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Europe could rise by spray from the ocean hidden beneath its surface. They could lead traces of the presence of life forms.
Astronomers, oceanographers and fans are wondering for years what it may contain extraterrestrial oceans, such as the one that you think is hidden under the icy crust of Europa, one of Jupiter‘s moons.
Penetrate the casing would be very difficult, but if traces of that water were “fired” in space, maybe we could send a probe to analyze them. Why were greeted with hope the results of a new series of observations made by the Hubble telescope: it seems that Europe rise up plumes of water vapor coming from that very mysterious inner ocean. Doubt is still a must, because the astronomers point out that the comments have not yet incontrovertible proof of those plumes. “In a couple of cases we see structures that could be plumes, but do not consider the evidence,” says William Sparks of the Space Telescope Science Institute. “It is very difficult observations, at the limit of Hubble’s capabilities.” But, given that NASA is going to send a mission to explore Europa, the results are promising. “They are definitive proof? No. I’m promising? A lot. It is useful to send a mission to Europe to learn more of this small, beautiful moon with an ocean? Absolutely,” says Kevin Hand from NASA, another member of the team He has described the new findings in an article in the Astrophysical Journal. The ocean of Europe is considered one of the places where suitable to the presence of extraterrestrial life, but because it is hidden under a thick ice sheet several kilometers, reach it is practically impossible.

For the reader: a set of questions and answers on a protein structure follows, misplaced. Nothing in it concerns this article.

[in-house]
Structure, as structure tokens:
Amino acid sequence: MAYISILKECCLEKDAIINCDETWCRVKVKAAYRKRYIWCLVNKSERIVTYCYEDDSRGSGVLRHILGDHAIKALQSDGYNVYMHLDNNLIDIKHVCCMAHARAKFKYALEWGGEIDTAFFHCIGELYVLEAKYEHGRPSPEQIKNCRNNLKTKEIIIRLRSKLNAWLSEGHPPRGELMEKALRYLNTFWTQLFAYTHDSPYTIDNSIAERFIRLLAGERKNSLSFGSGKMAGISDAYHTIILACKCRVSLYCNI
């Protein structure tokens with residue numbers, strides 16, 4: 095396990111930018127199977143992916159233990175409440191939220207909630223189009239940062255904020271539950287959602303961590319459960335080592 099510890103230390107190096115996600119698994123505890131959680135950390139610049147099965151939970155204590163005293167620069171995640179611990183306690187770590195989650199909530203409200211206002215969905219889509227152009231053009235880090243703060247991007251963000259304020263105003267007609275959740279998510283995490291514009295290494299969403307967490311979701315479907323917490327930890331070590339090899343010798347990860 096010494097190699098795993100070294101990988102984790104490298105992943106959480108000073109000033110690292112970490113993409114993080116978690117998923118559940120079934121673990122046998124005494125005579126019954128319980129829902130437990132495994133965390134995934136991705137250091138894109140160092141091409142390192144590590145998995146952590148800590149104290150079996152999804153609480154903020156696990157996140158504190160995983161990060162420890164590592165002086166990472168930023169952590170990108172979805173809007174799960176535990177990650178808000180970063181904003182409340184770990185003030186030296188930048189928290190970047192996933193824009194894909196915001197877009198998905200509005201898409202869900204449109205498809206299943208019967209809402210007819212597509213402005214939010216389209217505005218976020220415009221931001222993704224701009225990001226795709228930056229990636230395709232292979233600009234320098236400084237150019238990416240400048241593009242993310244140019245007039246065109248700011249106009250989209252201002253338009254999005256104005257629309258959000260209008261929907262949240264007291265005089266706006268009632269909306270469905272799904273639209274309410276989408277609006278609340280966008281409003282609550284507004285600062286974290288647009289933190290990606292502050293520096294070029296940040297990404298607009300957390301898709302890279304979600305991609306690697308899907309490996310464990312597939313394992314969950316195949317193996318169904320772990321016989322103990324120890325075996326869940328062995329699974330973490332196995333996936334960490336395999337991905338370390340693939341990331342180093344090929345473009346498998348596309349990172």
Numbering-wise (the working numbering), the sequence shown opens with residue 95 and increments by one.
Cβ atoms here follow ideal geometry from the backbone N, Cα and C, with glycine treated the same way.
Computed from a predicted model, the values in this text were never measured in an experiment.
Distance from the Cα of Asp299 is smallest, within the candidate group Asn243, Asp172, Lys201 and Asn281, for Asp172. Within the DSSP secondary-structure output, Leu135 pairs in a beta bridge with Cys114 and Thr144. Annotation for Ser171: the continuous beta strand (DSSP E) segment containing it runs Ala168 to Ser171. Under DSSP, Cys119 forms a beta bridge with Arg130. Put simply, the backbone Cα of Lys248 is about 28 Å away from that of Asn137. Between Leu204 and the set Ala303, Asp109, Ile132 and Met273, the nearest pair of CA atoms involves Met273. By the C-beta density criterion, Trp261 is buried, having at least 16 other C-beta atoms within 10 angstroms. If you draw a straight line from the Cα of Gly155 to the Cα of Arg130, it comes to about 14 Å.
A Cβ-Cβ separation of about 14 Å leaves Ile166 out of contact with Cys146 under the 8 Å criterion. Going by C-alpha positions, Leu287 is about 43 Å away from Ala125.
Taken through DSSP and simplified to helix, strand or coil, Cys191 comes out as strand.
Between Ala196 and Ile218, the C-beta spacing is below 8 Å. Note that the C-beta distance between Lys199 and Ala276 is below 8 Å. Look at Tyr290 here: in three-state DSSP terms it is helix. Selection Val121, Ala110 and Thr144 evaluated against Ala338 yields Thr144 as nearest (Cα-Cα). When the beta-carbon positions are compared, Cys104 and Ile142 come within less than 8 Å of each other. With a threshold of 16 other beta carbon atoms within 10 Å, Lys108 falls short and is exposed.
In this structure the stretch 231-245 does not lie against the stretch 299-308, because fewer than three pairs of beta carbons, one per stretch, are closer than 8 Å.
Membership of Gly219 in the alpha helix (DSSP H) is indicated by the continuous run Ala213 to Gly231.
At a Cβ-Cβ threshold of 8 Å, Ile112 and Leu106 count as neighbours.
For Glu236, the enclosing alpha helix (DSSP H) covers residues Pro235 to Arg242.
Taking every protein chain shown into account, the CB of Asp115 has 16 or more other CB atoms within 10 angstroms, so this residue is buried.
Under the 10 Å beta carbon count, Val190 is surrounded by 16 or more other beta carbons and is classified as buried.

But if indeed the satellite “spit” water vapor, a probe could collect samples and analyze them to see if that subterranean sea is suitable for supporting life. And this is precisely the objective of Europe Clipper mission, which NASA plans to launch in the next decade.